This excellent exhibition finishes on 10 August 2008 so if you haven’t seen it yet you don’t have much longer.
Its by no means just pictures of steam trains, its more a fascinating portrayal of society and the traversing of frontiers as this new form of transport revolutionised travel. I love the large landscapes – some with the train and track cutting through the middle regardless of its surroundings but others with the trains off to one side meandering its way through the mountainside.
Art in the Age of Steam, at the Walker Art Gallery 18 April – 10 August 2008, is the most wide-ranging exhibition yet held to look at how artists responded to the extraordinary impact that steam trains had on landscape and society. It is one of the top attractions during Liverpool’s European Capital of Culture year.
About 100 paintings, photographs, prints and drawings – transported from some of the world’s greatest art collections – come together in a dazzling display covering the years 1830 to 1960.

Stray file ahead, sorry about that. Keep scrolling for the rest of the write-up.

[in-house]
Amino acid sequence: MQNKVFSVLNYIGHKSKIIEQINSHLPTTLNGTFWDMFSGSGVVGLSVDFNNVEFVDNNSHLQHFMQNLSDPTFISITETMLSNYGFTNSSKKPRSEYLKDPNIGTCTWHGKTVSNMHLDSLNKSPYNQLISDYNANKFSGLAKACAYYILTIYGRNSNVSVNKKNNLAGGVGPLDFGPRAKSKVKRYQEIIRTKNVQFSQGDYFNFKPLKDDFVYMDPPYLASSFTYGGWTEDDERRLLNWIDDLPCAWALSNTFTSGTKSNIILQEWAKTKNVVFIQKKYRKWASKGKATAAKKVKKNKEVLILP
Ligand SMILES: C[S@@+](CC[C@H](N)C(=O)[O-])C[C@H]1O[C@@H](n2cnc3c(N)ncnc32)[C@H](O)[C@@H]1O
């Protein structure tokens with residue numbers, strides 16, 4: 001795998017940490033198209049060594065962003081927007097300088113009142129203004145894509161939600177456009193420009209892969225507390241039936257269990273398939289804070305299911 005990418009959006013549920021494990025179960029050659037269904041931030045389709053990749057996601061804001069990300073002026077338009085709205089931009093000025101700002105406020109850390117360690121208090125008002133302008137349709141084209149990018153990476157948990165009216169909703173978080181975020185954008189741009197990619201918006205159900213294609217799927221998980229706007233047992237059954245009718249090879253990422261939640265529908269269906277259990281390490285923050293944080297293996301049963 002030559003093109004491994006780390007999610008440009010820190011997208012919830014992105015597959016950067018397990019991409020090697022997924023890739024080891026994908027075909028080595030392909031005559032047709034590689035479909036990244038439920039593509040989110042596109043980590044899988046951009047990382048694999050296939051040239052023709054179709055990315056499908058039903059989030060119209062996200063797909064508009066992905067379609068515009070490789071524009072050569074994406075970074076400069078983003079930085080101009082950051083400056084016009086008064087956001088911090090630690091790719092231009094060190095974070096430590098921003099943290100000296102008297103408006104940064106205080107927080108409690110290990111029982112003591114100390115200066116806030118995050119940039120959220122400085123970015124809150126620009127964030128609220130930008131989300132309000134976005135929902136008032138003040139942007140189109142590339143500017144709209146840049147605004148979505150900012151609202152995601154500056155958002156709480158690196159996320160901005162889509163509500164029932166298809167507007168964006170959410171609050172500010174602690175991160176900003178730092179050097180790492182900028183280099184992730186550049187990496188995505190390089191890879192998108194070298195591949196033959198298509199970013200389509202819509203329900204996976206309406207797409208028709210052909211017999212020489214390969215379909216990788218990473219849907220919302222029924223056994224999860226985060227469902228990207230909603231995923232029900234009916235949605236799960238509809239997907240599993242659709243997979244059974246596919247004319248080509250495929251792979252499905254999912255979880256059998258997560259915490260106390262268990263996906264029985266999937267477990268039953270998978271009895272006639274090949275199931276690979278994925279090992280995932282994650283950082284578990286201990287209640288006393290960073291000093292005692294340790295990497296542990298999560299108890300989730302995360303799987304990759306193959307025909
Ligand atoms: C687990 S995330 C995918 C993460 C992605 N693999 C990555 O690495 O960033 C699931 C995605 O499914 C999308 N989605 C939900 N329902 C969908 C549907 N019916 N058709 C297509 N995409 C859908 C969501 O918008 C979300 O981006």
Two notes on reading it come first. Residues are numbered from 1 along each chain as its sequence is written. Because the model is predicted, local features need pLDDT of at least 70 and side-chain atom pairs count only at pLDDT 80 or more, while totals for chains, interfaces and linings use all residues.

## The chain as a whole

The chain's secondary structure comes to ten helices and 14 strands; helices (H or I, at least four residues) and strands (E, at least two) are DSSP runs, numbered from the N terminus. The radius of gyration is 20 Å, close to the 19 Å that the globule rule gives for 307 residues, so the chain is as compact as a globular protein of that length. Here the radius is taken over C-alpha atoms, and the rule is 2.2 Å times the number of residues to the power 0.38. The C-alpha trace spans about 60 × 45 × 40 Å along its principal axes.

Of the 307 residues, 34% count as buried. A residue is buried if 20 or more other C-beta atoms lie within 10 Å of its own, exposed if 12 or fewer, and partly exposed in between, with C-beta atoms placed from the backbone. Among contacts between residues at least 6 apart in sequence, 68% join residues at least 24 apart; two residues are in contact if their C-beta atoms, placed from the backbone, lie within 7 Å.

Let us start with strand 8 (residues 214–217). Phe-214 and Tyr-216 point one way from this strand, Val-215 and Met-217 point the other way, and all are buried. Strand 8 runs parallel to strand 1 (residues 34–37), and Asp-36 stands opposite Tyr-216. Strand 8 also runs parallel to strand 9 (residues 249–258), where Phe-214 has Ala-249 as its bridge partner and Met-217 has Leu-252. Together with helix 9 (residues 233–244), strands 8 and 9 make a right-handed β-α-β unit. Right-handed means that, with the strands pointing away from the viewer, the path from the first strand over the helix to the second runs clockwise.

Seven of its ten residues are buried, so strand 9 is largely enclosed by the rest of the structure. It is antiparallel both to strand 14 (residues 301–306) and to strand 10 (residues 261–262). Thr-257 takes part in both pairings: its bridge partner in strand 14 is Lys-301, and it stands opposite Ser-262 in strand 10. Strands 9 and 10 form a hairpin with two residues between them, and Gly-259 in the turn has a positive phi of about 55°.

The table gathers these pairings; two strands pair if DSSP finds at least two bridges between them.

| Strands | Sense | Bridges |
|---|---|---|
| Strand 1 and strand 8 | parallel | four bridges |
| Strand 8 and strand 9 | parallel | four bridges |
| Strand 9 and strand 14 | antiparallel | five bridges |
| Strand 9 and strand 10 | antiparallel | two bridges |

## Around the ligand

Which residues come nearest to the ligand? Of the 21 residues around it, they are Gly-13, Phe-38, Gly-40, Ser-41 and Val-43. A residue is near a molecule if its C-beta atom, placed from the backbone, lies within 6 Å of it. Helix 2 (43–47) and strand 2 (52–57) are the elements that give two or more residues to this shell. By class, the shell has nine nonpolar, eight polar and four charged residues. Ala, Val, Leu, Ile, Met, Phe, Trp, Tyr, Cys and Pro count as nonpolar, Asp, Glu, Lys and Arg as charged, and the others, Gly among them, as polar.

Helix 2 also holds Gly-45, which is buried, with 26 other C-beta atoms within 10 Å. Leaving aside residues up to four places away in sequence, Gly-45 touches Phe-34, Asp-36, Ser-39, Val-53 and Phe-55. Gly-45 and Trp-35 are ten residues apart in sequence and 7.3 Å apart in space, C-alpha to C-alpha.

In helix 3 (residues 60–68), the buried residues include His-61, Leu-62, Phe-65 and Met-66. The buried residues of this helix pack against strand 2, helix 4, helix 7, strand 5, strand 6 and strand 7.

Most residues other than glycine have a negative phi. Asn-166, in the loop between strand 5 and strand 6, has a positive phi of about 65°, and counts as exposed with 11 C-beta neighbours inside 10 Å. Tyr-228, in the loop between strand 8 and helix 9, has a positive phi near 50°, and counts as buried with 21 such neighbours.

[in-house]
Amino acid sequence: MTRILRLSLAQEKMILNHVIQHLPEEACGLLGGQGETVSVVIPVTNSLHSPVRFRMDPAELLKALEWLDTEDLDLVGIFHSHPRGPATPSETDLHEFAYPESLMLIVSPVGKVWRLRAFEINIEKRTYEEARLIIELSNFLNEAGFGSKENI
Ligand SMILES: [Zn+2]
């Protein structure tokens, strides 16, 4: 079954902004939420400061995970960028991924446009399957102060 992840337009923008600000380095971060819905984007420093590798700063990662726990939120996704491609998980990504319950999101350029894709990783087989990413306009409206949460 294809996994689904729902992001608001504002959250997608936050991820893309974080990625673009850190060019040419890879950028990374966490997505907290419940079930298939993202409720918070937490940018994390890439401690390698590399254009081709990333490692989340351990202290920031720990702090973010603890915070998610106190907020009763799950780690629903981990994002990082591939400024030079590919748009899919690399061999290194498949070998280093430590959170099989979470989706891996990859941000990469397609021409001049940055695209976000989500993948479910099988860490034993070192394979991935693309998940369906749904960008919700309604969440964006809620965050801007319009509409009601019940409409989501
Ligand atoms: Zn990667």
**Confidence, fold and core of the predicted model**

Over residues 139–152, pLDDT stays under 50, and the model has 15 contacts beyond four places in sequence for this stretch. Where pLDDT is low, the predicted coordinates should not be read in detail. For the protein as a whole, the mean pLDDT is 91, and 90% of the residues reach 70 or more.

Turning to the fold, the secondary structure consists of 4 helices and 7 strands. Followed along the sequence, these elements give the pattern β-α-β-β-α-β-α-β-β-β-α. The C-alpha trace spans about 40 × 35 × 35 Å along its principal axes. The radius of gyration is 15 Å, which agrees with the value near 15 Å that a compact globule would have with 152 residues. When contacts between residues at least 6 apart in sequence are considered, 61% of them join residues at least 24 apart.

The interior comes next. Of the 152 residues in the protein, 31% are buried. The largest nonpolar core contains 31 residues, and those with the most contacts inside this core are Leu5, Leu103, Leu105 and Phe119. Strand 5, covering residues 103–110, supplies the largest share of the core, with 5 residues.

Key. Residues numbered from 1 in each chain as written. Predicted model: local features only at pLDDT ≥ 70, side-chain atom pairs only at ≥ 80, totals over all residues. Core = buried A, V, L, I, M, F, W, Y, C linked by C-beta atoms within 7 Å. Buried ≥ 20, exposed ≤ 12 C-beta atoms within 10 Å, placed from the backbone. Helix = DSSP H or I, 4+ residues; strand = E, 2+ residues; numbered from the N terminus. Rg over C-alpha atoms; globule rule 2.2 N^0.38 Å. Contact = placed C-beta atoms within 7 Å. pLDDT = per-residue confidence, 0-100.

Among the masterpieces assembled for the exhibition are: The Railway by Edouard Manet (National Gallery of Art, Washington), La Crau from Montmajour, with train (British Museum, London) by Van Gogh, Lordship Lane Station by Camille Pissarro (Courtauld Institute of Art, London), four paintings by Claude Monet – including Gare Saint-Lazare (National Gallery, London) – and The Third-class Carriage by Honoré Daumier (National Gallery of Canada, Ottawa).
Later works include paintings such as Railroad Sunset by Edward Hopper (Whitney Museum of American Art, New York) and The Anxious Journey by Giorgio de Chirico (Museum of Modern Art, New York), along with photographs by Bill Brandt, Alfred Stieglitz and O. Winston Link.
British artists are represented by one of the best loved of all railway images, The Travelling Companions by Augustus Egg (Birmingham Museums & Art Gallery) showing two crinoline-clad girls in a luxurious railway compartment, while The Railway Station by William Powell Frith (Royal Holloway College, Surrey) vividly captures the hustle and bustle of Paddington station. Others include David Cox, Abraham Solomon, James Tissot, Spencer Gore, Eric Ravilious and Terence Cuneo.